Demand Biorhythm Estimation for Setting Service Capacity

Demand Biorhythm Estimation for Setting Service Capacity

Yuval Cohen, Shai Rozenes
Copyright: © 2018 |Pages: 15
DOI: 10.4018/IJISSC.2018100103
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This article is based on an analysis of empirical data on various service demand patterns such as electricity and water consumption, banks, hospitals, communications and others. The research findings show similar patterns of demand for various different services in different parts of the world. The patterns reflect the relevant population's level of activity. Daytime services have typical peak hours during a workday. This is nicely explained by what the authors call the ‘Demand Biorhythm.' Many daytime services experience a double hump demand, whereas in the US the service demand may also have a single hump. The analysis shows a striking demand similarity of the same weekdays, and a significant difference between the demand of workdays and weekend days. Also, the first day of the week always experiences a demand surge. The article discusses ways to efficiently plan the service workforce and capacity based on the relevant demand patterns.
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Services depend on the flow of customers that typically arrive in a stochastic process that has dynamic behavior during each day (Daskin, 2011; Shtub & Cohen, 2015). The majority of service arrival processes is statistically independent and varies during the hours of the day. This characterization strictly defines it as a non-homogeneous Poisson process – characterized by its momentary mean arrival rate m(t) (Daskin, 2011; Mandelbaum & Zeltyn, 2009; Yom-Tov & Mandelbaum, 2014).

In this paper we establish the term “Demand Biorhythm” to describe a typical intensity profile of certain activity throughout the day, which characterizes certain population. Meeting this dynamic profile of demand is especially crucial to service organizations as they strive to satisfy their customers and ensure customer loyalty.

While studying a large variety of services from different types of organizations and different types of industries, we examined activities that occur during the day and came across a striking similarity of demand patterns. Regular daylight services typically open their gates at 8:00 AM (some even at 9:00 or 10:00 AM) and close their operations at night. The customer arrival rate during each day generates a typical profile with typical peak hours that we call the “Demand Biorhythm”.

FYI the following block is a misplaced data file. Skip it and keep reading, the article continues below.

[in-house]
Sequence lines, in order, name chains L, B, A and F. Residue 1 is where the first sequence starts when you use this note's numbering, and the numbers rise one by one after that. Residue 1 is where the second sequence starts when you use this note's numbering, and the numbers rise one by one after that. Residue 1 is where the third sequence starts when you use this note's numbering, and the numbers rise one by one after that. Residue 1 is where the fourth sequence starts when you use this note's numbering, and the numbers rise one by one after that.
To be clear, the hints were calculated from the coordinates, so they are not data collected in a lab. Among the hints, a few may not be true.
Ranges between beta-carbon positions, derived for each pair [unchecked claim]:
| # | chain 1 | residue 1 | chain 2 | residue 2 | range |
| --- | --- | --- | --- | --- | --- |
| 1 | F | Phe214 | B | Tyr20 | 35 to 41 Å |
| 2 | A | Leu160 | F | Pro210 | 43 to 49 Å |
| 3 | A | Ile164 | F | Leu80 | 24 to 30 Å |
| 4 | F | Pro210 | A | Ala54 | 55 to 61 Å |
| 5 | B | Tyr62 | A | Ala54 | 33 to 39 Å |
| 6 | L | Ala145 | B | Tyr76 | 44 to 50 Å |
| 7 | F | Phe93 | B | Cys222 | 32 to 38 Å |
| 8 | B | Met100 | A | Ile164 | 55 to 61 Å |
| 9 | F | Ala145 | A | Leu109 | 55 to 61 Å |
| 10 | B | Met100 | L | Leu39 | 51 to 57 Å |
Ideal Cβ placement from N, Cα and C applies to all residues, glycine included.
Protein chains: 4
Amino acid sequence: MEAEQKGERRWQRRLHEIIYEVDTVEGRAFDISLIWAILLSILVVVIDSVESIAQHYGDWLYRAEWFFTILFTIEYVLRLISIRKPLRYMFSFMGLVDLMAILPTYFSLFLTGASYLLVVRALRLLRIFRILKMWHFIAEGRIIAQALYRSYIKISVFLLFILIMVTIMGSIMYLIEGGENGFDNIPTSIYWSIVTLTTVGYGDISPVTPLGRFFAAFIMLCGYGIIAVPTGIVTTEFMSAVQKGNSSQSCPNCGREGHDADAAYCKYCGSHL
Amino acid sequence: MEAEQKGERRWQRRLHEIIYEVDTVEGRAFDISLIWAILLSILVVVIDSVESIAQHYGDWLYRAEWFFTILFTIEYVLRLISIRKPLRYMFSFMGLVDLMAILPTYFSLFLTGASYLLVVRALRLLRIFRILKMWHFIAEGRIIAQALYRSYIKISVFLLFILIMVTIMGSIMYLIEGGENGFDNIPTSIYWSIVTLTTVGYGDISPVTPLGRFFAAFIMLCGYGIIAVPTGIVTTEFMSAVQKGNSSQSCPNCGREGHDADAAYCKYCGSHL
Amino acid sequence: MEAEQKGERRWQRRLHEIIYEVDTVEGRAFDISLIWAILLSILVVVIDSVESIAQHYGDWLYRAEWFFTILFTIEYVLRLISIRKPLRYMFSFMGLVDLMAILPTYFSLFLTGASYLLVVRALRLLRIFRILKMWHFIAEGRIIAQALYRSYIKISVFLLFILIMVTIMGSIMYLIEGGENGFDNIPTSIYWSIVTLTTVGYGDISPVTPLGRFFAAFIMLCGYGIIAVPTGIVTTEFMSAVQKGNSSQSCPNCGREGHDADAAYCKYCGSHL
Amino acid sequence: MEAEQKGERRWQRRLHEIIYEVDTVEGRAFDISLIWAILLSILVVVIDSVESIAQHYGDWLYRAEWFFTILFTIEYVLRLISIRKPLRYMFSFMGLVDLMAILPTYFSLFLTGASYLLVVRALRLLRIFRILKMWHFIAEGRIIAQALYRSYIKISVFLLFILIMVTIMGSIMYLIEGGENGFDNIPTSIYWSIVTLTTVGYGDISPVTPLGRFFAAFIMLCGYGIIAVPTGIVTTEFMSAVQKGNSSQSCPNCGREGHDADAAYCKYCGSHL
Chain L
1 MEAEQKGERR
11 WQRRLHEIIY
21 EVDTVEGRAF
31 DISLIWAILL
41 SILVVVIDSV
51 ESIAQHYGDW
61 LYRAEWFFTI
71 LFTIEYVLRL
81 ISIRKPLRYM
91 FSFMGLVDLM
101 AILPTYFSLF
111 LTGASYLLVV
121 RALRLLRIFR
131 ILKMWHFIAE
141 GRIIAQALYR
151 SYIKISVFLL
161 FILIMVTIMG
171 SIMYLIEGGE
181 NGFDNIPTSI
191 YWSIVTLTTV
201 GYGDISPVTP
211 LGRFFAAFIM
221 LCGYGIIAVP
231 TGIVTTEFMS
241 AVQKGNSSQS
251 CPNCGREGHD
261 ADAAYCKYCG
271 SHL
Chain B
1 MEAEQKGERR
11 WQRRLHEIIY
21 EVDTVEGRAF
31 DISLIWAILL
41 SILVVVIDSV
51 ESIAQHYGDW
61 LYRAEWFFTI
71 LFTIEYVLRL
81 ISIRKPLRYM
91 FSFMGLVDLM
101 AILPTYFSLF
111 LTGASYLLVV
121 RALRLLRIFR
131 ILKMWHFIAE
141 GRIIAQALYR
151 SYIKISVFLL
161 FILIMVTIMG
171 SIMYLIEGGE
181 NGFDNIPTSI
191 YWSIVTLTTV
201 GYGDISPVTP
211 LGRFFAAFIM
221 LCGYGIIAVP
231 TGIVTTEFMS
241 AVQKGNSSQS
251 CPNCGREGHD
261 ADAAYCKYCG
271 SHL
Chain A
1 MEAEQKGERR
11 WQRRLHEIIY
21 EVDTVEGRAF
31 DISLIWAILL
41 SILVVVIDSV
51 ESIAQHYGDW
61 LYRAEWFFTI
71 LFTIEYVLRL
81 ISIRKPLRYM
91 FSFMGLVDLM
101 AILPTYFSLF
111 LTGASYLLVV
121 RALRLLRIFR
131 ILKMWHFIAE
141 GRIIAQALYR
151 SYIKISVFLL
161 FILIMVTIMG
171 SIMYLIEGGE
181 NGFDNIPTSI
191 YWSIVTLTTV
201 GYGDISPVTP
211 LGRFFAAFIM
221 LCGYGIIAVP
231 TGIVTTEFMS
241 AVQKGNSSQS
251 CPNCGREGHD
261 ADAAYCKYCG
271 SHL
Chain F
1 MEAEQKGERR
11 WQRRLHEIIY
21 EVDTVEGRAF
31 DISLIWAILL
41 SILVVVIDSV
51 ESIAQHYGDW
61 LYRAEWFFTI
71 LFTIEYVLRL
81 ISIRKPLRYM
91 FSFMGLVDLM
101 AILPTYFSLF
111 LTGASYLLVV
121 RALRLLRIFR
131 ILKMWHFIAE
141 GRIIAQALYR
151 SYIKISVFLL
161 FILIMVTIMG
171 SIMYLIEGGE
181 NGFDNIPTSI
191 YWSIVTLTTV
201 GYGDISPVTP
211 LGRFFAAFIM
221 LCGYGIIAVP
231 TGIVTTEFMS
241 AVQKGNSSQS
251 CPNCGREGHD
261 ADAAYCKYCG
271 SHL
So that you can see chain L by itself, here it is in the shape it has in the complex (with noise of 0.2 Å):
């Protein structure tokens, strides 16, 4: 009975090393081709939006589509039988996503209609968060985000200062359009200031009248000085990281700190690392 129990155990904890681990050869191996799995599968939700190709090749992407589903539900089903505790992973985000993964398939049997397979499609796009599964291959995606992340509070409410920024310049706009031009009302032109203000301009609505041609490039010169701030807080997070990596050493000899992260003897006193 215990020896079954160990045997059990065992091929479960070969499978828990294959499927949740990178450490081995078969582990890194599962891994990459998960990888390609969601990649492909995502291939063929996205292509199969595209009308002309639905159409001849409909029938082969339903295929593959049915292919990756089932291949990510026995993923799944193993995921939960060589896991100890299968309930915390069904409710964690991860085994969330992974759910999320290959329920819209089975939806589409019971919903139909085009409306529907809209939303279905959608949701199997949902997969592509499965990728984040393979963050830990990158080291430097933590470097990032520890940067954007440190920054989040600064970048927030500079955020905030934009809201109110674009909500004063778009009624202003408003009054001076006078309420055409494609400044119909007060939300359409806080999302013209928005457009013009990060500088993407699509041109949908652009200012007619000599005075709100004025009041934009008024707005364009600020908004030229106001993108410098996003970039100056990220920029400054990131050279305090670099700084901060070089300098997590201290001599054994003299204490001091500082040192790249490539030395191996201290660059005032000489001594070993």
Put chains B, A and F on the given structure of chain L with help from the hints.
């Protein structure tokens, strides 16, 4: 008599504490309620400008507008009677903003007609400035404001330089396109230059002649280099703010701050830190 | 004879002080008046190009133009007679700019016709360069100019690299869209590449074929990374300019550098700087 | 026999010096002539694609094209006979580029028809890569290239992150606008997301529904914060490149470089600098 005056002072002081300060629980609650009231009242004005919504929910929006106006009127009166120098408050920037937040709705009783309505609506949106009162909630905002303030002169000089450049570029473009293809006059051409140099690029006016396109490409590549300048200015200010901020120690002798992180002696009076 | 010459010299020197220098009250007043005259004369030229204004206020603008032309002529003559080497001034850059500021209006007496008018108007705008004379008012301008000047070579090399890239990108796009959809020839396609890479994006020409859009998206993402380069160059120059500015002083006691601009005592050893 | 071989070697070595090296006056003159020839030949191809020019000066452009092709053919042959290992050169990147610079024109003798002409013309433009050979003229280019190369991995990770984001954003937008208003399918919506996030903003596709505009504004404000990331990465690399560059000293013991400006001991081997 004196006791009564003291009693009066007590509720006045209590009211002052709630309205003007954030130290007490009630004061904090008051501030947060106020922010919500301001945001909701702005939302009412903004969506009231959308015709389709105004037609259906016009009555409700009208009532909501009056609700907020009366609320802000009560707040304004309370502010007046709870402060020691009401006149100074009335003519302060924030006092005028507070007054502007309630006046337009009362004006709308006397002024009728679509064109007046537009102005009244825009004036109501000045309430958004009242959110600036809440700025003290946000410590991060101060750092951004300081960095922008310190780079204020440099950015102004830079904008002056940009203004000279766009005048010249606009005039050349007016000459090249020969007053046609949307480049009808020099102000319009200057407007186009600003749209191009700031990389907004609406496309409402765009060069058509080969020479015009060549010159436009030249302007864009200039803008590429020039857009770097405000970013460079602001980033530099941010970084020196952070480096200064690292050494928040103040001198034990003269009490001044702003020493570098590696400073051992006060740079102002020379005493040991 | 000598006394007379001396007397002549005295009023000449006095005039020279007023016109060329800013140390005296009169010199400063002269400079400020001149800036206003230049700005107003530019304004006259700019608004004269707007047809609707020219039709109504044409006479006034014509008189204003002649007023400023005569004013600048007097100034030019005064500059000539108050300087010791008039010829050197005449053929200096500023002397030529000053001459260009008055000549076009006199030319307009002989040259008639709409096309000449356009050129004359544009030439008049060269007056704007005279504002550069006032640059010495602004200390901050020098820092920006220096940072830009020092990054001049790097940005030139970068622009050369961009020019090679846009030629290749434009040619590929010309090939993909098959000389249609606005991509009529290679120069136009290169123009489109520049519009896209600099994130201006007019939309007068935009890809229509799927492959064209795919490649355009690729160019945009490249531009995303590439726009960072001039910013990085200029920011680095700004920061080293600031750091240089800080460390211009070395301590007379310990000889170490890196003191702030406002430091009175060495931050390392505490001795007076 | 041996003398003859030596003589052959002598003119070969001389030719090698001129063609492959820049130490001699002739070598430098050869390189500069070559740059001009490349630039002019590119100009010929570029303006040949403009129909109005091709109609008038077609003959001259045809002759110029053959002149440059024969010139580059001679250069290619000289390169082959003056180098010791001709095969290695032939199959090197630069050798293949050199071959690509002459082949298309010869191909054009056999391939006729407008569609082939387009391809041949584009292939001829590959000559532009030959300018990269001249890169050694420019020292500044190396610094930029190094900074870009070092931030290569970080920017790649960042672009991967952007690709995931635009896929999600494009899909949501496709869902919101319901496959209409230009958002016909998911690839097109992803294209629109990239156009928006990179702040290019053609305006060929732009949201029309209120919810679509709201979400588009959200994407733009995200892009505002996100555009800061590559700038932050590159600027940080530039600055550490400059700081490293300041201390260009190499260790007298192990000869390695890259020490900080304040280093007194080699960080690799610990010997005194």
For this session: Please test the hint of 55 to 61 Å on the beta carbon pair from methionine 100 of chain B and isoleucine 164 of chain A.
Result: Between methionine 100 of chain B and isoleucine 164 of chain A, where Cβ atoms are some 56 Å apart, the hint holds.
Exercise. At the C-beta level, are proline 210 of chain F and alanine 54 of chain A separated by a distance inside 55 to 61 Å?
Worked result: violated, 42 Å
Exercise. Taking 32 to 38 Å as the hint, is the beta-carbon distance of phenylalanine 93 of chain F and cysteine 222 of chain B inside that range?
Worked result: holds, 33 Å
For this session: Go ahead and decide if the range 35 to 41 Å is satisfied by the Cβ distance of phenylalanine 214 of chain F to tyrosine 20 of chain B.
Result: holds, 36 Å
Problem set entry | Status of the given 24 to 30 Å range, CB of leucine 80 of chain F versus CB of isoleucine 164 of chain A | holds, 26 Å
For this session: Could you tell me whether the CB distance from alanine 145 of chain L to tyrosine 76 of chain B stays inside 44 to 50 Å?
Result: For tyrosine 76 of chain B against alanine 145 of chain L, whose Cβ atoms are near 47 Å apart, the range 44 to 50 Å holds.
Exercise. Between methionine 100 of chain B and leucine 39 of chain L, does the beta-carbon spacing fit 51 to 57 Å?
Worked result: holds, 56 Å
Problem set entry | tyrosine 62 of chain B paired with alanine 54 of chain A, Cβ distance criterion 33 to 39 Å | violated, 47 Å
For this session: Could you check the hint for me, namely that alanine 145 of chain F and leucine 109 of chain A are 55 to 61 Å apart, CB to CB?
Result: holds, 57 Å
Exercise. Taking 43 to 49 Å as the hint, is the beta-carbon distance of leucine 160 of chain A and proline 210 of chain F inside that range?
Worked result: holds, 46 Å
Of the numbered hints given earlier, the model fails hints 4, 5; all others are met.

During the last few decades, numerous organizations transformed themselves from “product-centric” to “customer-centric” for various reasons. Becoming customer centric is one of the most important aims of most organizations. Hence, exceeding customer satisfaction demands has attracted the attention of both practitioners and researchers over the last few years. Despite, or maybe due to, the attention drawn to the subject, there is no common denominator on how to tackle workforce assignment in a dynamic demand service environment. It is now commonly understood that determining service capacity drives customer services sales and marketing. It is often approached as a business strategy to set a threshold for the service level to ensure service availability, short waiting times, and customer contentment. This indeed creates profitable long-term relationships with customers. Significant progress has been made in identifying and researching the components of capacity analysis and its impact on the achieved service levels. The roles of projected demand profile and capacity analysis to the service industry cannot be underestimated, and are deeply rooted in the Service Science domain (Fitzsimmons & Fitzsimmons, 2006; Kandampully, 2011; Maglio & Spohrer, 2008; Silvestro, Fitzgerald, Johnston, & Voss, 1992; Spohrer & Maglio, 2008). What is more, the advancements in society and technology leading to convergence of information, communication, and technology, coupled with acceleration in globalization, competitive environments, and changing customer’s preferences have created new challenges as well as opportunities for leveraging knowledge about customers and their behavior patterns.

In terms of demand pattern definitions, the main US energy information administration webpage defined daily patterns, weekly patterns and monthly patterns (U.S. Energy Information Administration (EIA), 2016). The following is the definition for daily patterns, and later we shall introduce the weekly and monthly patterns: “Daily patterns: Demand levels rise throughout the day and tend to be highest during a block of hours referred to as ‘on-peak’.”

Customer behavior patterns are directly related to their daily arrival profiles, their purchases during a typical day, and their activity level in general. Consumer behavior has a very clear repetitive profile. However, no comprehensive research has been conducted to identify and understand the nature of this type of behavior. This paper tries to fill this void and bridge this gap.

The surprise is that most daylight services reflect a behavior that characterizes the total population. Such activity for example, is depicted in Figure 1, which shows a profile of average electricity demand per hour of a certain month.

Figure 1.

Typical daily pattern for the total PJM load during the 24 hours of January 22, 2014 (Avalon Energy, 2016)


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